The Marketing Genius of Nintendo of America
Was there any real doubt that Xenoblade was coming stateside?
Last Friday, Nintendo of America announced that the Nintendo faithful and loyal supports of Operation Rainfall would be granted one of their longstanding wishes with the stateside release of heralded RPG Xenoblade Chronicles this upcoming April. The news came at a precarious time for Nintendo. With Skyward Sword having been released this past month, Nintendo’s upcoming release schedule was looking just a little more than barren.
In fact barren may be too kind a word to use for what Nintendo has planned for 2012. There wasn’t a single marquee title on the horizon that Nintendo or its fans could hang their hat on; no dangling carrot that would help to get them through the dry months leading up to the presumed launch of the Wii U sometime next year. But Nintendo changed that with just a few uploaded screenshots on their Facebook page and a blurry screenshot of a GameStop POS (Point of Sale) system.
Before you knew it, the internet was rampant with speculation that Nintendo was finally bringing the long-desired RPG to our shores and sure enough, Nintendo made it official later that day. Xenoblade Chronicles is indeed crossing the pond this April. Many have hailed Nintendo of America for granting fans their wish, while others have decried the company saying that it shouldn’t have taken so long to bring over a game that had already been localized for North America.
But no matter what side of the Nintendo bandwagon you fall on, you have to admit one thing: Nintendo may very well have engineered the hype train themselves. The idea of Nintendo as marketing masterminds may be a little hard to wrap your mind around at first, but when you start to think about it, things become clearer. In fact it’s quite likely that Nintendo was planning to give us Xenoblade all along, which begs the question: If Nintendo was planning on releasing Xenoblade in the states this whole time, why did they wait till now to announce it?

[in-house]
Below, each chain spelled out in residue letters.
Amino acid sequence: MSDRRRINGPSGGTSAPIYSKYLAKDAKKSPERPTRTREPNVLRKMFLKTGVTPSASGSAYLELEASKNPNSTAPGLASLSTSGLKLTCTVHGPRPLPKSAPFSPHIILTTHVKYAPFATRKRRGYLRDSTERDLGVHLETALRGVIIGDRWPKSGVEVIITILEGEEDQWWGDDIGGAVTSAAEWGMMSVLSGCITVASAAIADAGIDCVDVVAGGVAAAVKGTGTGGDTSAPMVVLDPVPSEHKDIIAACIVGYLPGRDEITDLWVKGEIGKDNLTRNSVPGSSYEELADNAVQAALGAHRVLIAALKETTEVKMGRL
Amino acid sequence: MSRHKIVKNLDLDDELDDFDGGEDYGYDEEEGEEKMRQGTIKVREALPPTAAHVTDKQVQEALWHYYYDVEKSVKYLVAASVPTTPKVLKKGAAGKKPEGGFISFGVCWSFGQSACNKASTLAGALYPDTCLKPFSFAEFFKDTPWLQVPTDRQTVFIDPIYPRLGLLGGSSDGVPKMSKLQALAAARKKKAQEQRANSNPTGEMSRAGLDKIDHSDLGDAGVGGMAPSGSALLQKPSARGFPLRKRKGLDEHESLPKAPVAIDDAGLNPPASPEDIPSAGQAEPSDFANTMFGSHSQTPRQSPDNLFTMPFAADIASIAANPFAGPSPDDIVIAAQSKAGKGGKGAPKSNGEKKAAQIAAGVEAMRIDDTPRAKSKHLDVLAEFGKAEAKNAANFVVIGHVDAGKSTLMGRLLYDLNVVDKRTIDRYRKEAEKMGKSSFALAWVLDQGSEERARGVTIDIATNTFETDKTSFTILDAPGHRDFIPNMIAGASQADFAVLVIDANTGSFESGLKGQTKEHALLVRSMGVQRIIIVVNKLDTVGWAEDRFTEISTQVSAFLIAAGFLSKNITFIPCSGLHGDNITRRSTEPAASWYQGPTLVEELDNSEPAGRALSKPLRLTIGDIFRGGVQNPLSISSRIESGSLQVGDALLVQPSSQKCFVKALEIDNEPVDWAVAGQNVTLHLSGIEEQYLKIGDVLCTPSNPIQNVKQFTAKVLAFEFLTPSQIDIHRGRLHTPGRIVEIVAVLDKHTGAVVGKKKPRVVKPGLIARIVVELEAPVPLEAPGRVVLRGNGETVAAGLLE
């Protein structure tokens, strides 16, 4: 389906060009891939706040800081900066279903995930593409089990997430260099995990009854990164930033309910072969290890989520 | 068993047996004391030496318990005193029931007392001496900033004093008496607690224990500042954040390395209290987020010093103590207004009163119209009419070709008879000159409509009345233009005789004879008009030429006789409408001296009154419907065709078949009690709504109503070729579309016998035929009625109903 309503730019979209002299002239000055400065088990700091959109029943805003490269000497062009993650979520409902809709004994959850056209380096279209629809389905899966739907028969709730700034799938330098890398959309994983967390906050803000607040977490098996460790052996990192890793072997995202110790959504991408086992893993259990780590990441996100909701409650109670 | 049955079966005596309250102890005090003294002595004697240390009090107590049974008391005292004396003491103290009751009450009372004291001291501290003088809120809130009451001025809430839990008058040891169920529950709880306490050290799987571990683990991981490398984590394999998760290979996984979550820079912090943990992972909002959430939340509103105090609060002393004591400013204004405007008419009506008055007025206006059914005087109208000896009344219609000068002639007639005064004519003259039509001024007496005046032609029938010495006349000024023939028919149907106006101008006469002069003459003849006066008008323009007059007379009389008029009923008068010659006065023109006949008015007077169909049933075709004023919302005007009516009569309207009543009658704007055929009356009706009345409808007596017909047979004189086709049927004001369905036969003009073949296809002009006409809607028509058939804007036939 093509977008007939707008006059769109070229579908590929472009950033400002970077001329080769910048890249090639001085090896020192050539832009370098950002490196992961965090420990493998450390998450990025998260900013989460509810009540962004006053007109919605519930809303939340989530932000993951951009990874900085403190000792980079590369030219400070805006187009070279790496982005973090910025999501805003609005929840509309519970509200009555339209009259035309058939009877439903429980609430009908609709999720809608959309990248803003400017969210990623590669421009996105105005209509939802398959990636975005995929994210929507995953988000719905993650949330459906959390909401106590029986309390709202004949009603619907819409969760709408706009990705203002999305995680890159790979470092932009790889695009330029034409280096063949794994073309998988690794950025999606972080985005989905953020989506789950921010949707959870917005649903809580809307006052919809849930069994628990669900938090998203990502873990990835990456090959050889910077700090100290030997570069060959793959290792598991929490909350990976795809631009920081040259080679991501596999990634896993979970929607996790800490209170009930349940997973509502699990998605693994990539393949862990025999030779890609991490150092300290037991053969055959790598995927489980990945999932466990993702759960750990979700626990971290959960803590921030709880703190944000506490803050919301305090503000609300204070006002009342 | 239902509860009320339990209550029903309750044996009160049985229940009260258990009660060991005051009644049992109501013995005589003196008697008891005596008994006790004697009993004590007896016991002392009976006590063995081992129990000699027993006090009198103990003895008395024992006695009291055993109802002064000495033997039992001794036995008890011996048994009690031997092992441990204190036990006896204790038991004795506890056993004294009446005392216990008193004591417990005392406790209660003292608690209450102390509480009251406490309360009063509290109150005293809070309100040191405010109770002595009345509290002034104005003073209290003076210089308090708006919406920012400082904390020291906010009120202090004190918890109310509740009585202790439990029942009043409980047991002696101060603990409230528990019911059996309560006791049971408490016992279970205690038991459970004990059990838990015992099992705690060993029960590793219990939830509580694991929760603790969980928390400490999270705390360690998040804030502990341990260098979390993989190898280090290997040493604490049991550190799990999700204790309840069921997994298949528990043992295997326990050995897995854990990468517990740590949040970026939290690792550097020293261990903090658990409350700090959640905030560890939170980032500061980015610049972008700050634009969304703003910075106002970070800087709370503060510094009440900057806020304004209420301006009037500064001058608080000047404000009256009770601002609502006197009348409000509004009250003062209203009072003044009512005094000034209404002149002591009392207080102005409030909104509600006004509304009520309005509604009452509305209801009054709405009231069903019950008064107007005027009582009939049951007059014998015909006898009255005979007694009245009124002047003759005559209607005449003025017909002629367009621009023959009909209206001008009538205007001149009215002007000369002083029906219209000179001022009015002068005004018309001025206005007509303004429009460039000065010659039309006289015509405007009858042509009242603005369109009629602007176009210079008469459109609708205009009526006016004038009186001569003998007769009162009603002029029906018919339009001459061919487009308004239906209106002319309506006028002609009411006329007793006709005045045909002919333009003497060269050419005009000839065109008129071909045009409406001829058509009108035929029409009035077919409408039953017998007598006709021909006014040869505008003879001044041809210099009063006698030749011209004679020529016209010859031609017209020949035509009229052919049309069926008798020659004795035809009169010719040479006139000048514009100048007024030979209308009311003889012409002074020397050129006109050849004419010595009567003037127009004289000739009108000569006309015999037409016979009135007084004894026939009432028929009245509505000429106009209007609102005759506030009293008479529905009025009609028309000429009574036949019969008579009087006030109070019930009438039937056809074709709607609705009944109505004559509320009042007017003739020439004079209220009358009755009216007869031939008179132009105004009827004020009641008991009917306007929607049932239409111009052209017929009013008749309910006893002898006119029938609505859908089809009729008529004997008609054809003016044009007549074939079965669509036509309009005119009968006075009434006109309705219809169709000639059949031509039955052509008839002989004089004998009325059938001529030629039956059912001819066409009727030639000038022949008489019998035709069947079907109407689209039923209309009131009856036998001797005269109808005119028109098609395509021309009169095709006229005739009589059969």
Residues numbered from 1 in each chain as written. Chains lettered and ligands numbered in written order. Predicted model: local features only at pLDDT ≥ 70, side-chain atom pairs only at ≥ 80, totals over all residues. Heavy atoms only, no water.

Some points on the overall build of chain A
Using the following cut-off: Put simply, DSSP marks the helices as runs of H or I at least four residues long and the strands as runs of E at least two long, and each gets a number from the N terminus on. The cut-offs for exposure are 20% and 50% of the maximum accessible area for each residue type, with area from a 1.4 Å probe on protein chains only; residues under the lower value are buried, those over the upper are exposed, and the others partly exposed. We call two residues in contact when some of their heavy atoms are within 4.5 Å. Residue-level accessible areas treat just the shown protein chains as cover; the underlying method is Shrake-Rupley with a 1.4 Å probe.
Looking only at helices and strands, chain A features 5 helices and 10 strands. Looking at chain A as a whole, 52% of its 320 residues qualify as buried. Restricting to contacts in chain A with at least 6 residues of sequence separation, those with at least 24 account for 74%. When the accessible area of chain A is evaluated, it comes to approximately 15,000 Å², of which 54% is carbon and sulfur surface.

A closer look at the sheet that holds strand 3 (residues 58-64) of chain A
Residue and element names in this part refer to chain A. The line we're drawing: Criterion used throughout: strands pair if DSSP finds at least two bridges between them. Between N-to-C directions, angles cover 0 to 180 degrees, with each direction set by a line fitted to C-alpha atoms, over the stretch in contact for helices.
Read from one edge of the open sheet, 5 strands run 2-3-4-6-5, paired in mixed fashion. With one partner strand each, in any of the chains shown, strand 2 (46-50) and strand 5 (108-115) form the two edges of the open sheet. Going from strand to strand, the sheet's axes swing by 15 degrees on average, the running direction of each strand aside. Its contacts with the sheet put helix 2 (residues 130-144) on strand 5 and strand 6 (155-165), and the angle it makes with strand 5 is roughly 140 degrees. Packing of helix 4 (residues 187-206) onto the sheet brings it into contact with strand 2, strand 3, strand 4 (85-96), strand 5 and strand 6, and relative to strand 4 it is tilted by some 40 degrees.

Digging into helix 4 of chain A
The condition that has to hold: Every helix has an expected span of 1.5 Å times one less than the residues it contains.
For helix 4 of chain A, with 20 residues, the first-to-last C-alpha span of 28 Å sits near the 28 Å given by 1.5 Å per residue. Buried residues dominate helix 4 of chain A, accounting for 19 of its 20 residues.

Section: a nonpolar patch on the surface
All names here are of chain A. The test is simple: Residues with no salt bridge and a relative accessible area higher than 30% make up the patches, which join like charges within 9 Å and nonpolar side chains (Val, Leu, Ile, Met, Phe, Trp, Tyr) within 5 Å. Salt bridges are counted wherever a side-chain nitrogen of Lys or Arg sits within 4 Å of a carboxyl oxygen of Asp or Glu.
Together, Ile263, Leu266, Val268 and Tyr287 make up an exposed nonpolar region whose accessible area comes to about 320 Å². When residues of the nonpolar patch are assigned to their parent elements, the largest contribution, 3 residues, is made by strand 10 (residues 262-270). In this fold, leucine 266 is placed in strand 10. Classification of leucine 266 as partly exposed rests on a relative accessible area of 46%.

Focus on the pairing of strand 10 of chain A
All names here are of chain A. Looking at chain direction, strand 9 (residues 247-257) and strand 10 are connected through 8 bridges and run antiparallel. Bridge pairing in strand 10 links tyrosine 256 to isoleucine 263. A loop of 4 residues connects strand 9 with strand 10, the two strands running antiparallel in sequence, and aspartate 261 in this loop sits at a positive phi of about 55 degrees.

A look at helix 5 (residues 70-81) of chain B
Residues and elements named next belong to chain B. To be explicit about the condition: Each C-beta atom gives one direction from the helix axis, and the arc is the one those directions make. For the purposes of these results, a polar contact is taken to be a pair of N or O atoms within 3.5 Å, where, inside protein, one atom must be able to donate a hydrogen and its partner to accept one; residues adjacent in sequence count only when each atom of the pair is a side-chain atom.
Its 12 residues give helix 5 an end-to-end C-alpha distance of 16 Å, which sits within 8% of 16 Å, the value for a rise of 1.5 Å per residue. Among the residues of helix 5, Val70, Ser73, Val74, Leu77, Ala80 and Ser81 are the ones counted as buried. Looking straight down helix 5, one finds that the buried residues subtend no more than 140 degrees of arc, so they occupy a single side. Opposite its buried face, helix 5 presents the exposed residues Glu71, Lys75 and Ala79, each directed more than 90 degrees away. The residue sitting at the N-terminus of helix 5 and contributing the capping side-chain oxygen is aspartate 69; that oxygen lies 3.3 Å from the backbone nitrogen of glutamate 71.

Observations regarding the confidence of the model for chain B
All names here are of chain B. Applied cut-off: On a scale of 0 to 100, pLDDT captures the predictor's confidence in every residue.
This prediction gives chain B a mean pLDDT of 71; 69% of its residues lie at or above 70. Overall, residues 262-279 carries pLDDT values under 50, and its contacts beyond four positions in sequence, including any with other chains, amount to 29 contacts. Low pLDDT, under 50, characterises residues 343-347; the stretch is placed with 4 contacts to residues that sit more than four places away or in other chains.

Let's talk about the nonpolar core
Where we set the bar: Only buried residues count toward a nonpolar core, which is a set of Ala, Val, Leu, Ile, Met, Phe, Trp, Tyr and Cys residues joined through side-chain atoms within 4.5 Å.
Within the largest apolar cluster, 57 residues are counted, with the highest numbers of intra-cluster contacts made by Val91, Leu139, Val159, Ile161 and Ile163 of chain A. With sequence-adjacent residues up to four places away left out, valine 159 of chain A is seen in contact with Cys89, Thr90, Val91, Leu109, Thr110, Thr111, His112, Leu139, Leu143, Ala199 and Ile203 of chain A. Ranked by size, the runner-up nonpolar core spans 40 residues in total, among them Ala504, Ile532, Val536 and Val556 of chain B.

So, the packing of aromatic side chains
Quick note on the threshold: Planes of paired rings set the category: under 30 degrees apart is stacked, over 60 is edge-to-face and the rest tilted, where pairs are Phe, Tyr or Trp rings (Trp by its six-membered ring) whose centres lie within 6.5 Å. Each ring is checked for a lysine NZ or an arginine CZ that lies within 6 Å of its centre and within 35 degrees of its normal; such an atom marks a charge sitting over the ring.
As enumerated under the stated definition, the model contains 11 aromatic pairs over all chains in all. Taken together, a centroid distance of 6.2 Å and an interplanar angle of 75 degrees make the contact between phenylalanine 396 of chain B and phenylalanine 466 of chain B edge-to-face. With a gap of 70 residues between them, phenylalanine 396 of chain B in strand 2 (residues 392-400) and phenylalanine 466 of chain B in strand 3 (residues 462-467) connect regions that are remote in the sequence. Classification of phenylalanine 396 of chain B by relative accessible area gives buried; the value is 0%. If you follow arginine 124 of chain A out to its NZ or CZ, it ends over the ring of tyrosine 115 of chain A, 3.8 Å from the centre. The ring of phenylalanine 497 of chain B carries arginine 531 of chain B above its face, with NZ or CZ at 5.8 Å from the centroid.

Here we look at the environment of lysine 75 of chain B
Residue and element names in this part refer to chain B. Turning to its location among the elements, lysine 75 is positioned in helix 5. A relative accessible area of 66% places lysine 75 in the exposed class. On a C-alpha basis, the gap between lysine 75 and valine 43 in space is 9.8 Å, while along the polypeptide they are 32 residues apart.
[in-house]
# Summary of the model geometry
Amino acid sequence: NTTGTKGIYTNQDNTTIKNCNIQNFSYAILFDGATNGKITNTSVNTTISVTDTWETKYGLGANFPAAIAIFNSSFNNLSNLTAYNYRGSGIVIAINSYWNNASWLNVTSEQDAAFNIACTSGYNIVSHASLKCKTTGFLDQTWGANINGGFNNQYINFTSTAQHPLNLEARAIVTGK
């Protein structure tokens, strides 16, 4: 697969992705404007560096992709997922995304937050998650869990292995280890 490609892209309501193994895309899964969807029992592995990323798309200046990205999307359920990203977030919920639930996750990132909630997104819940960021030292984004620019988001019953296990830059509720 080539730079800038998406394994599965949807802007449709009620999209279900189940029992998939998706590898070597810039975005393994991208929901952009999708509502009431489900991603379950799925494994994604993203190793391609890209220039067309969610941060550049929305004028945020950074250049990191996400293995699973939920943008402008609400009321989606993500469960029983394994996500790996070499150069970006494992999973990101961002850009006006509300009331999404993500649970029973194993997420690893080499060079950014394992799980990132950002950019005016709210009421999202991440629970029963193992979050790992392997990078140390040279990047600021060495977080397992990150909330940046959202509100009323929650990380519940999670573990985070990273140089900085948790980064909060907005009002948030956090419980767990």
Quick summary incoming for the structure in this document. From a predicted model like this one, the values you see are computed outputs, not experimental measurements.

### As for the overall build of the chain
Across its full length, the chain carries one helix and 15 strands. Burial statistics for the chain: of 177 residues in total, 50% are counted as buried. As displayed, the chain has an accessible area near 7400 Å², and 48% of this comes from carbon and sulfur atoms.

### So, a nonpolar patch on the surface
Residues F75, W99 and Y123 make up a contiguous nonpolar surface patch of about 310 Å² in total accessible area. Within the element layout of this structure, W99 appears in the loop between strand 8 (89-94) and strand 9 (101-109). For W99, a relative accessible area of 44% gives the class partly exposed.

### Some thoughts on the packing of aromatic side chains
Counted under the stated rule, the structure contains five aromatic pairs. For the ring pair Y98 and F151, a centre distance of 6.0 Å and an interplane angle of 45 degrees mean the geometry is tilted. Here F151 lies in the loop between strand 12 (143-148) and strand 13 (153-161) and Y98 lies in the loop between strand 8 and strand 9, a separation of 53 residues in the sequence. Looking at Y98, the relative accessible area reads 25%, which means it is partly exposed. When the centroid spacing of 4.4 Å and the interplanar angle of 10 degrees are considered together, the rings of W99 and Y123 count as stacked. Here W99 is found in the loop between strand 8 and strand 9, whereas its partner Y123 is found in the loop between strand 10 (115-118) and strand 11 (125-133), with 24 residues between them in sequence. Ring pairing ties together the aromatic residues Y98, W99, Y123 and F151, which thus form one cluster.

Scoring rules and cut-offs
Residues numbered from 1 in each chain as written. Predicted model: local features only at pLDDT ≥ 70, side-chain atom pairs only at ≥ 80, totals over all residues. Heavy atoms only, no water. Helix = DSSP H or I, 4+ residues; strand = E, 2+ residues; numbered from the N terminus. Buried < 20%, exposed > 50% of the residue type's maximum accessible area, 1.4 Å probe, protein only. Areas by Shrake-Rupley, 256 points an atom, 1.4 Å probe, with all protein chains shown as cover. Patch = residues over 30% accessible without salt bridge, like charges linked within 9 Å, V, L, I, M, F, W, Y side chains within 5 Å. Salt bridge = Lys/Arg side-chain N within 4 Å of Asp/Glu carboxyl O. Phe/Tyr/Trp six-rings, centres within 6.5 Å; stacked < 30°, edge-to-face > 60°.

The answer is actually quite simple. When Operation Rainfall began there wasn’t a massive amount of interest in the game. There was a rabid fanbase that wanted to play the game, but let’s be honest – the numbers just weren’t there. As the movement began to pick up steam it did something that Nintendo couldn’t have done better themselves. It provided excellent -- and more importantly, free advertising for a game that most gamers had never heard of before.
If Xenoblade Chronicles had been released before Operation Rainfall in America it likely wouldn’t have sold all that well. A small amount of ‘hardcore’ players would have picked it up, but it arguably would have been ignored by the gaming public at large since it would be seen as a niche title at best. What Operation Rainfall did was put the game in the public spotlight. I would wager that a vast majority of those reading this now hadn’t even heard of Xenoblade Chronicles until the Operation Rainfall movement started to gain momentum, specifically when they made it the best selling video game for a single day.
What followed was an avalanche of media coverage on a game that hardly anyone had even heard of. People were curious as to what made this game so special, and more specifically they wanted it because Nintendo wasn’t planning on giving it to them.
When Nintendo responded to Operation Rainfall by saying that they had no intention to bring the game over at this time, it only fueled the movement – something that I believe Nintendo was counting on. I believe that Nintendo at that point had already decided that they needed to bring the game over, but that the timing wasn’t right. They wanted to concentrate on the flailing 3DS and Skyward Sword and understandably so. But once Skyward Sword was out and selling well, it was time for Nintendo to make their move.
The decision to release the game in a limited fashion has only made Xenoblade seem even more special, and the idea that Nintendo has somehow acquiesced to the demands of the fans has made this title quite coveted by gamers who otherwise wouldn’t have given this game a second glance. I myself would have likely not have bothered with the game if it were treated as a regular release, but the magic that has been meticulously woven around this title ensured that I would be in a GameStop last Friday putting my $5 down.
Nintendo has almost completely assured that Xenoblade Chronicles will be a big hit for the Wii and may end up being a system seller as well. Some are wondering why The Last Story and Pandora’s Tower weren’t announced at the same time as Xenoblade, but I wouldn’t worry about those. Nintendo will let us know when it’s time and we’ll be grateful for it.